Saturday, February 2, 2013

Happy Groundhog Day Indeed!

Not sure why we put so much trust in a rodent but here we are and Punxsutawney Phil Predicts Spring Is Coming!

Following a recent stretch of weather that's included temperatures well below freezing as well as record warmth, tornadoes in the South and Midwest and torrential rains in the mid-Atlantic, Punxsutawney Phil emerged from his lair today in front of thousands but didn't see his shadow.
Legend has it that if the furry rodent sees his shadow on Feb. 2 on Gobbler's Knob in west-central Pennsylvania, winter will last six more weeks.  But if he doesn't see his shadow, spring will come early.  The prediction is made during a ceremony overseen by a group called the Inner Circle.  Members don top hats and tuxedos for the ceremony on Groundhog Day each year.
Although he is the original and considered best in the forecasting department, Phil's got company...there's Staten Island Chuck, in New York...

General Beauregard Lee, in Atlanta; and Wiarton Willie, in Wiarton, Ontario, among others noted by the National Climactic Data Center "Groundhog Day" Web page.
I guess Andy Warhol was right when he said that "In the future, everyone will be world-famous for 15 minutes." just never thought that this would ring true to the likes of the Kardashians and rodents?
"Punxsutawney can't keep something this big to itself," the Data Center said.  "Other prognosticating rodents are popping up to claim a piece of the action."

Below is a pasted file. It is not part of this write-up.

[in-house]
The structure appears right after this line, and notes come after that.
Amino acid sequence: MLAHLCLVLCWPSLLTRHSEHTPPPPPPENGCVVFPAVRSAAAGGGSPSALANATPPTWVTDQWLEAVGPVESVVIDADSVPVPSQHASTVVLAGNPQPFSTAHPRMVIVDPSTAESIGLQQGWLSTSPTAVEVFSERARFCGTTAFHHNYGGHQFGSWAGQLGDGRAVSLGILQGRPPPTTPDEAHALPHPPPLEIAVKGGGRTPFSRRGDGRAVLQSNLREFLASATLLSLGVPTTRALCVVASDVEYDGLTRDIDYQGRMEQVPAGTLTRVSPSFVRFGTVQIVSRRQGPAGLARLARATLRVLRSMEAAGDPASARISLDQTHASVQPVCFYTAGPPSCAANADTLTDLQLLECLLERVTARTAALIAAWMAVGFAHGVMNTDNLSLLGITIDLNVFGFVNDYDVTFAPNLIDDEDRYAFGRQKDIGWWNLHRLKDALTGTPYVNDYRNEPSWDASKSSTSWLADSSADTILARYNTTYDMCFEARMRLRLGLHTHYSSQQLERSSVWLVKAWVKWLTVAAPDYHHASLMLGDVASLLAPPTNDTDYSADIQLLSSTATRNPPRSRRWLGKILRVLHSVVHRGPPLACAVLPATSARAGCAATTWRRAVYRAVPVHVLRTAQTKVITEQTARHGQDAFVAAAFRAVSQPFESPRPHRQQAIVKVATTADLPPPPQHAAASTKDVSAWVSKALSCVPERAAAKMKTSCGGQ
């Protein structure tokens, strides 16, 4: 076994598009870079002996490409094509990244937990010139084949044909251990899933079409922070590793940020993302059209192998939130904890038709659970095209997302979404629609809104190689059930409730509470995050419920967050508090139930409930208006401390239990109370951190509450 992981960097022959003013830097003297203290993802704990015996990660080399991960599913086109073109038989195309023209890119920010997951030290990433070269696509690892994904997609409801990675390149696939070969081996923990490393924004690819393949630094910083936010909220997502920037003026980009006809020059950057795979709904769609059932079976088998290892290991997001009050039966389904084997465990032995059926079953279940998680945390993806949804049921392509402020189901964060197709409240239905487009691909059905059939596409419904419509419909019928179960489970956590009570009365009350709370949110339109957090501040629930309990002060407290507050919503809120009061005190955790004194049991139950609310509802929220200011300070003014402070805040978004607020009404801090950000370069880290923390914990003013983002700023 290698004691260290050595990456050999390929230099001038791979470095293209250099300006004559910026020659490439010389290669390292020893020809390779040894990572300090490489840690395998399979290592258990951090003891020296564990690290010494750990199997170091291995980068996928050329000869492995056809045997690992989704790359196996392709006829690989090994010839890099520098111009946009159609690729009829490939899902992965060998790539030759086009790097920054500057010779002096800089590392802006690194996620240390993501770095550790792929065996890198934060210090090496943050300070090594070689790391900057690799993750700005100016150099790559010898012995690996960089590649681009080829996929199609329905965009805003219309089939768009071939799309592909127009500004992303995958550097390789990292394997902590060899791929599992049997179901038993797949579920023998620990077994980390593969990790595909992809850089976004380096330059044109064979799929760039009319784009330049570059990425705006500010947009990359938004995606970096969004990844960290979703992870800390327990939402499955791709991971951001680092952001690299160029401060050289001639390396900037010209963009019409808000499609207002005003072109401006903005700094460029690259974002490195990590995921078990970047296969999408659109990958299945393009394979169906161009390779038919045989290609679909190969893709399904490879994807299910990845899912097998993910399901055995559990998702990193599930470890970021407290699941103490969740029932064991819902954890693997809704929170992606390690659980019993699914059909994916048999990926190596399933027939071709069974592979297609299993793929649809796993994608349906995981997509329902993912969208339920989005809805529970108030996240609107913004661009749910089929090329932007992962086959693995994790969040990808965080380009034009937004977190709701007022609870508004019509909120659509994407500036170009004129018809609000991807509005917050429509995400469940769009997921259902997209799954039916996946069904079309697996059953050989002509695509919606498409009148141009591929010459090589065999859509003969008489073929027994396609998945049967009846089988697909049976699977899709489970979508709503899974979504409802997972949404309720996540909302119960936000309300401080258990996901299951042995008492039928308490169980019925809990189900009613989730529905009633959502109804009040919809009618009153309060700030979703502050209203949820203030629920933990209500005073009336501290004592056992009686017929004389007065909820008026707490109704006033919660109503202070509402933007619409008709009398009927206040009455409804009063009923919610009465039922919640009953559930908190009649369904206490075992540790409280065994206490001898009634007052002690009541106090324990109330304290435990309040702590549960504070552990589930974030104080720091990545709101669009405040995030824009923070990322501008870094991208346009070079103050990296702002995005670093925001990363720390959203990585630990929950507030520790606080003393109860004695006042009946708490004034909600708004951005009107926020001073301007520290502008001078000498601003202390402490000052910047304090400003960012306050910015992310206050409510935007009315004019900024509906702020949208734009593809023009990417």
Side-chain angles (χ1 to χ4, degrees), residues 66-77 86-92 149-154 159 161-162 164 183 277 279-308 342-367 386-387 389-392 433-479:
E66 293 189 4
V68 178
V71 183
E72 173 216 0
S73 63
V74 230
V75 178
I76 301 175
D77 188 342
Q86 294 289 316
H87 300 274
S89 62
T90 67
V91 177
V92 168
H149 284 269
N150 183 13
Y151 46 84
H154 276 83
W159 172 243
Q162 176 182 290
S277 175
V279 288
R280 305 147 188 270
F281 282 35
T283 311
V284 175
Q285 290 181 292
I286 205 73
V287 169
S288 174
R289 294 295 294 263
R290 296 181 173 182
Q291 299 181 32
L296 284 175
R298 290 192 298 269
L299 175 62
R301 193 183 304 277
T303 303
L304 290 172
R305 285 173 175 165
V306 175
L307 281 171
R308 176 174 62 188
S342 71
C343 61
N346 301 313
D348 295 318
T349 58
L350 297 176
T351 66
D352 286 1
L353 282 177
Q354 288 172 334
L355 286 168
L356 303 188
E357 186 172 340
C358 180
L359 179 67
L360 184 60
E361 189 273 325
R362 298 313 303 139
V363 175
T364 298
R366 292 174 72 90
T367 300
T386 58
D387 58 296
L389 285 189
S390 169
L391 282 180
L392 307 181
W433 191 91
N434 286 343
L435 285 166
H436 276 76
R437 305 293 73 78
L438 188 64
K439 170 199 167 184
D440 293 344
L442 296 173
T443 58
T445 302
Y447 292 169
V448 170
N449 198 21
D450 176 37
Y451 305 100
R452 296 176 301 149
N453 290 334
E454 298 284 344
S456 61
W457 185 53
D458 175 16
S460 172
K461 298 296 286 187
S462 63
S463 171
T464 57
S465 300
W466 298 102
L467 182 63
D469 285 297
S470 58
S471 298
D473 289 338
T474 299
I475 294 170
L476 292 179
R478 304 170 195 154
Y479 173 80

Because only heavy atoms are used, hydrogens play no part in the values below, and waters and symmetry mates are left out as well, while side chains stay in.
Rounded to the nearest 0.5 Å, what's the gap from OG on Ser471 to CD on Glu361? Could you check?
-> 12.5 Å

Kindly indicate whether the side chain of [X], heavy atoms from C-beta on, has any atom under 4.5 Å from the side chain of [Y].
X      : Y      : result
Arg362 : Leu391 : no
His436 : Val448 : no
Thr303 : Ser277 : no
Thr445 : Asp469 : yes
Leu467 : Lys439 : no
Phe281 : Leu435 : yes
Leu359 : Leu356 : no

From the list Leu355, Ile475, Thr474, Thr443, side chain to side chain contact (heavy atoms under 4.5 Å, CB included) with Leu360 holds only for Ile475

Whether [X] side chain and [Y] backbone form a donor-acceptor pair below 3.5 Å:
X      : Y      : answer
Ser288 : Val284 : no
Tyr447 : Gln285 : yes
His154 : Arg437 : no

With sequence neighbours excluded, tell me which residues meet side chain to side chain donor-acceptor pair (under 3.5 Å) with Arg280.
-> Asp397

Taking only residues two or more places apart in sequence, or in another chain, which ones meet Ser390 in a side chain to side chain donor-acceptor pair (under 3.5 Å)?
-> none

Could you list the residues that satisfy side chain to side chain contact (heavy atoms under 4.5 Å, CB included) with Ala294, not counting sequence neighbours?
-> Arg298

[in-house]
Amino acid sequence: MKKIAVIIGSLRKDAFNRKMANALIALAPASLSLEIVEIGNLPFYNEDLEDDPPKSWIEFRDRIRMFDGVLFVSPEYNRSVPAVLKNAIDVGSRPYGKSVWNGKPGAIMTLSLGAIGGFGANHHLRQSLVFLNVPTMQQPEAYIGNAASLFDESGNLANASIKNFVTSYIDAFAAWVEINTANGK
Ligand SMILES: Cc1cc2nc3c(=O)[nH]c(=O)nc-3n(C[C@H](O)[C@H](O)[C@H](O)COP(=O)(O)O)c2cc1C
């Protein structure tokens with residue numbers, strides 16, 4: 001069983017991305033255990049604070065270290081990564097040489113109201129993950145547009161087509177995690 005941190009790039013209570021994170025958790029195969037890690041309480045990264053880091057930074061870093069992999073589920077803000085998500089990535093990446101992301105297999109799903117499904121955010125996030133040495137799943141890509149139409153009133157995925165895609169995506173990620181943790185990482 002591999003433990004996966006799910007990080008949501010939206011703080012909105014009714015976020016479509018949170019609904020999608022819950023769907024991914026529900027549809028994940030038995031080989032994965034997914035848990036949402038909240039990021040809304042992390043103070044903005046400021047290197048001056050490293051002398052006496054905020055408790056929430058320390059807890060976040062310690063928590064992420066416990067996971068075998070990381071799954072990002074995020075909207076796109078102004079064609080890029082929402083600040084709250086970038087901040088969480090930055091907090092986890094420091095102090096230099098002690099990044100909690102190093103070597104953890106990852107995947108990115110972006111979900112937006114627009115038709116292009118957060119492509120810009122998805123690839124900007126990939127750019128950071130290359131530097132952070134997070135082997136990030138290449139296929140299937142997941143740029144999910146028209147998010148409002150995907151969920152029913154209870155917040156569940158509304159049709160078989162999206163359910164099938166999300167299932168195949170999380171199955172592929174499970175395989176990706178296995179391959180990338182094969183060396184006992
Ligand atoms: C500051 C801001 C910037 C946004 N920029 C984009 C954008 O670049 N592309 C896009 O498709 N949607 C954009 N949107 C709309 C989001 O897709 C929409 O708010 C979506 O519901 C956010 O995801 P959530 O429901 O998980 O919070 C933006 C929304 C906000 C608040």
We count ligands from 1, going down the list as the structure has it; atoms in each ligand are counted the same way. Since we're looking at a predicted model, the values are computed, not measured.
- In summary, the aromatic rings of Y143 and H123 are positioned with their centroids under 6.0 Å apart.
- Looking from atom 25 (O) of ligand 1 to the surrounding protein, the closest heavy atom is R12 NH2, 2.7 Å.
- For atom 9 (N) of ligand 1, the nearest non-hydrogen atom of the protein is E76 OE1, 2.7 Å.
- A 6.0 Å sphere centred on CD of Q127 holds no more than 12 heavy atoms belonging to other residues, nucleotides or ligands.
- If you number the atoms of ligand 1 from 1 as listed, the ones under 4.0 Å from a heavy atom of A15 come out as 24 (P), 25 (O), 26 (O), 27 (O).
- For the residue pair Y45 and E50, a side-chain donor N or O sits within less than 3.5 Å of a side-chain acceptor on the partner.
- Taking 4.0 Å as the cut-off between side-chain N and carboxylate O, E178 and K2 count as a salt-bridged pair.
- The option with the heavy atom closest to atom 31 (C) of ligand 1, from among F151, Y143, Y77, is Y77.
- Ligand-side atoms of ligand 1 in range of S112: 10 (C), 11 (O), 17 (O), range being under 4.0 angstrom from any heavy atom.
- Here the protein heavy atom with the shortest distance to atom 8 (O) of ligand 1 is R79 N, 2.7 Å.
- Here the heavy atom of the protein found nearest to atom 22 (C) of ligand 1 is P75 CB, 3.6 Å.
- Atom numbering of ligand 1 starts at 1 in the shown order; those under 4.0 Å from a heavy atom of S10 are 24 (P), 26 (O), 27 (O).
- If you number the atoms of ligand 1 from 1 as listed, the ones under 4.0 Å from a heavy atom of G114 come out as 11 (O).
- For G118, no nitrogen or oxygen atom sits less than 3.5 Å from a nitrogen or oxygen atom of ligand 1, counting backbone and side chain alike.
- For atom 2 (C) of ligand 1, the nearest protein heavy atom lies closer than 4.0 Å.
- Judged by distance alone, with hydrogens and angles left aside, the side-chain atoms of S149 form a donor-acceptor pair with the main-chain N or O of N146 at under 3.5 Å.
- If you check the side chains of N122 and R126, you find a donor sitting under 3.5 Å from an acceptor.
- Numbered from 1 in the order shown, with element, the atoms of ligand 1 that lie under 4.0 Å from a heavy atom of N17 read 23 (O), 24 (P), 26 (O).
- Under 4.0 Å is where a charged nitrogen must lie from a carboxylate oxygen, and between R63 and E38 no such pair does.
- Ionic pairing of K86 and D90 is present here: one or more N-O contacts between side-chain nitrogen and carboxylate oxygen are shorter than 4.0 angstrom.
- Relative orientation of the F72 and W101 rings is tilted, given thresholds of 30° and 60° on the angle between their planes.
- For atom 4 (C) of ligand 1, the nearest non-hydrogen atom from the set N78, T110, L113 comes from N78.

The 1993 movie "Groundhog Day" starring Bill Murray brought even more notoriety to the Pennsylvania party. The record attendance was about 30,000 the year after the movie's release, said Katie Donald, executive director of the Groundhog Club...What? There is a club!?
Phil's predictions, of course, are not always right on. Last year, for example, he told people to prepare for six more weeks of winter, a minority opinion among his groundhog brethren. The Northeast Regional Climate Center at Cornell University later listed that January to June as the warmest seven-month period since systematic records began being kept in 1895.  "We'll just mark it up as a mistake last year. He'll be correct this year," McKown said hopefully.
Oh Phil, I sure hope you are right this time around and now...where is my Foursquare badge?!

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